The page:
Infographic: Diagnosis & Treatment Of Psoriasis

Psoriasis is a skin disease that causes a rash with itchy, scaly patches, most commonly on the knees, elbows, trunk and scalp.

Psoriasis is a common, long-term (chronic) disease with no cure. It can be painful, interfere with sleep and make it hard to concentrate. The condition tends to go through cycles, flaring for a few weeks or months, then subsiding for a while. Common triggers in people with a genetic predisposition to psoriasis include infections, cuts or burns, and certain medications.

Treatments are available to help you manage symptoms. And you can try lifestyle habits and coping strategies to help you live better with psoriasis.

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COMMENTS ON ‘PSORATIC ARTHRITIS’:

My practice was restricted to allergy, but I saw many patients with psoriasis. The red scaly patches made them think they had allergic dermatitis, eczema. Psoriasis on the arm is usually located on the elbow, and atopic dermatitis on the opposite side, in the flexural area. Thick, pitted fingernails are also common in psoriasis. It’s combination with arthritis is worrisome.

Psoriasis will usually develop first, and the psoriatic arthritis will follow years later, but 10% of the time the arthritis Is the first problem. This form of arthritis can be very painful, and cause deformities. It is often worse than rheumatoid arthritis, although does not affect as many joints, and is often asymmetrical. It inflames the area where tendons attach to the bone, which is one of the reasons that it can be more painful than rheumatoid arthritis.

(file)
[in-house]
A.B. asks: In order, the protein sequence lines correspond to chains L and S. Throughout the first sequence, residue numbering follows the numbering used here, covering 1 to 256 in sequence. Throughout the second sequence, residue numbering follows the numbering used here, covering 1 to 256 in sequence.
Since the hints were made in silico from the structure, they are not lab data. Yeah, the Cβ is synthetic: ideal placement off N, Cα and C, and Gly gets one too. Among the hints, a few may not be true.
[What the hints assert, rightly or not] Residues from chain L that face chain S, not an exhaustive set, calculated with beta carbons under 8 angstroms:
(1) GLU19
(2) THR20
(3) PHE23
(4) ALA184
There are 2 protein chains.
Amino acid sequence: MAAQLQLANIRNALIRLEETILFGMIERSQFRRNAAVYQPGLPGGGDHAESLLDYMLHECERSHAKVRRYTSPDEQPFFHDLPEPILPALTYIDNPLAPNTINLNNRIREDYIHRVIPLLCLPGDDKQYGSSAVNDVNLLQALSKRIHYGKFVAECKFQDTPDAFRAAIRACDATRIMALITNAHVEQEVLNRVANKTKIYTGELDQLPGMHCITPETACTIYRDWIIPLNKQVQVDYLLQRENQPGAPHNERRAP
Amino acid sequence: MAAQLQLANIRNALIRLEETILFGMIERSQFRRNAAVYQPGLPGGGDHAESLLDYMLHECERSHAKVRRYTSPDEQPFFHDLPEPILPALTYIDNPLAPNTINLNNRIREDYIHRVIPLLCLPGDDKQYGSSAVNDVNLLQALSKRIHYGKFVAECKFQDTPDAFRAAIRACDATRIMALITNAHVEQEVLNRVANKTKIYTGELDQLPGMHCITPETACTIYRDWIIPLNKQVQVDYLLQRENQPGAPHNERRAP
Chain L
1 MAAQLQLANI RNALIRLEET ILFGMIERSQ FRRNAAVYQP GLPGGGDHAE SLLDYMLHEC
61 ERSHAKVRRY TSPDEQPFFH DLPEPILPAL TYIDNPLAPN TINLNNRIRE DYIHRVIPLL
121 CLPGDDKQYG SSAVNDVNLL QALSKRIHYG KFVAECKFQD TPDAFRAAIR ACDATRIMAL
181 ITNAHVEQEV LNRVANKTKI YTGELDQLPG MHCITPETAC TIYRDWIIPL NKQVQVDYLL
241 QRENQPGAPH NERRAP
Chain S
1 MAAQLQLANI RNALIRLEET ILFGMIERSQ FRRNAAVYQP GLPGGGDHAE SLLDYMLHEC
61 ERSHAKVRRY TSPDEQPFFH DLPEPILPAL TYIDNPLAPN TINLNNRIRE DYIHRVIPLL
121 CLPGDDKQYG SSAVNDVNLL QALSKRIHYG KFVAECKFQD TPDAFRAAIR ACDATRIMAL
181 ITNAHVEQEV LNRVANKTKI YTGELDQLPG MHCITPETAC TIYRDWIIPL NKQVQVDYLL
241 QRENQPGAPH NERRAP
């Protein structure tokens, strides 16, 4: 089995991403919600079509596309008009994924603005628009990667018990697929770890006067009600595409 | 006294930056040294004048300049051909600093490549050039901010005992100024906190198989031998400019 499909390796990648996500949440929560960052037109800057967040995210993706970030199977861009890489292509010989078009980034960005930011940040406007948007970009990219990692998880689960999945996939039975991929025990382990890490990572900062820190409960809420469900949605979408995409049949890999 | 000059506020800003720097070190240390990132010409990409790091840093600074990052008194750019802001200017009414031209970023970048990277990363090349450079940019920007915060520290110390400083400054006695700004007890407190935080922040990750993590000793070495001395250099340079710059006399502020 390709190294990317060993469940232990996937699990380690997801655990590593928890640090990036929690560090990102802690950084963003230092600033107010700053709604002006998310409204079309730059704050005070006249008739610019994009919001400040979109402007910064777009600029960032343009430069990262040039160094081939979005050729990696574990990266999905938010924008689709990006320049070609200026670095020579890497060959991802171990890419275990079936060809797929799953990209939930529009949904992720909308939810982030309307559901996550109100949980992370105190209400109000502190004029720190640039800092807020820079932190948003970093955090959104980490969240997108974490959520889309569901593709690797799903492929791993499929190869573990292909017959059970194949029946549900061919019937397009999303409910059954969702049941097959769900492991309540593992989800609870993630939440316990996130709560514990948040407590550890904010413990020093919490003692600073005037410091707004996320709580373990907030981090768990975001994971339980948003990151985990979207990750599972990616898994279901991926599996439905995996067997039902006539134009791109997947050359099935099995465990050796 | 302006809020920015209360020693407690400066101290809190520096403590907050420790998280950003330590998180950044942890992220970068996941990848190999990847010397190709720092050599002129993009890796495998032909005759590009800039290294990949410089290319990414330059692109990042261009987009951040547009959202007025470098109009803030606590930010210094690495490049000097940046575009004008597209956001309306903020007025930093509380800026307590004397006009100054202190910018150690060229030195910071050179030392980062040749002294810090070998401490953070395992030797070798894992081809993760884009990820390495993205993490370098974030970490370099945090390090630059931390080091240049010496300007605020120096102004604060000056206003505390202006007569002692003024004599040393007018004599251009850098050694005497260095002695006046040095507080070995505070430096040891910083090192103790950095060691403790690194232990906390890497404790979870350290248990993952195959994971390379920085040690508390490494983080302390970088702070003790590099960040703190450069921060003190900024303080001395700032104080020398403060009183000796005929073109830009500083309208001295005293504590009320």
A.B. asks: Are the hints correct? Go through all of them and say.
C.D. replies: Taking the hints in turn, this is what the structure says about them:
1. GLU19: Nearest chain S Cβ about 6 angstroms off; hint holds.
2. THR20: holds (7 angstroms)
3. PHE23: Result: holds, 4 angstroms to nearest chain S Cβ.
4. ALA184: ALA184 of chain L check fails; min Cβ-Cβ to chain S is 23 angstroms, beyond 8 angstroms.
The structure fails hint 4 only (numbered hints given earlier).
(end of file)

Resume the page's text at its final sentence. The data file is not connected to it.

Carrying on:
Psoriasis is an autoimmune problem and can involve practically any organ in the body.

It is often associated with metabolic syndrome and diabetes.

Psoriatic arthritis does not have the rheumatoid serum markers that can help diagnose rheumatoid arthritis, and unless psoriasis is also present on the skin, it can be hard to diagnose.

Symptomatic treatment with NSAIDs, physical therapy, phototherapy and topical treatments can be helpful, but very expensive biologics are sometimes needed to help out methotrexate and other first line DMARDs (Disease modifying antirheumatic drugs).

This condition can be  progressive.  If you develop scaly red patches on your skin, be sure to check with the doctor about the possibility of psoriasis.

—Dr. C.

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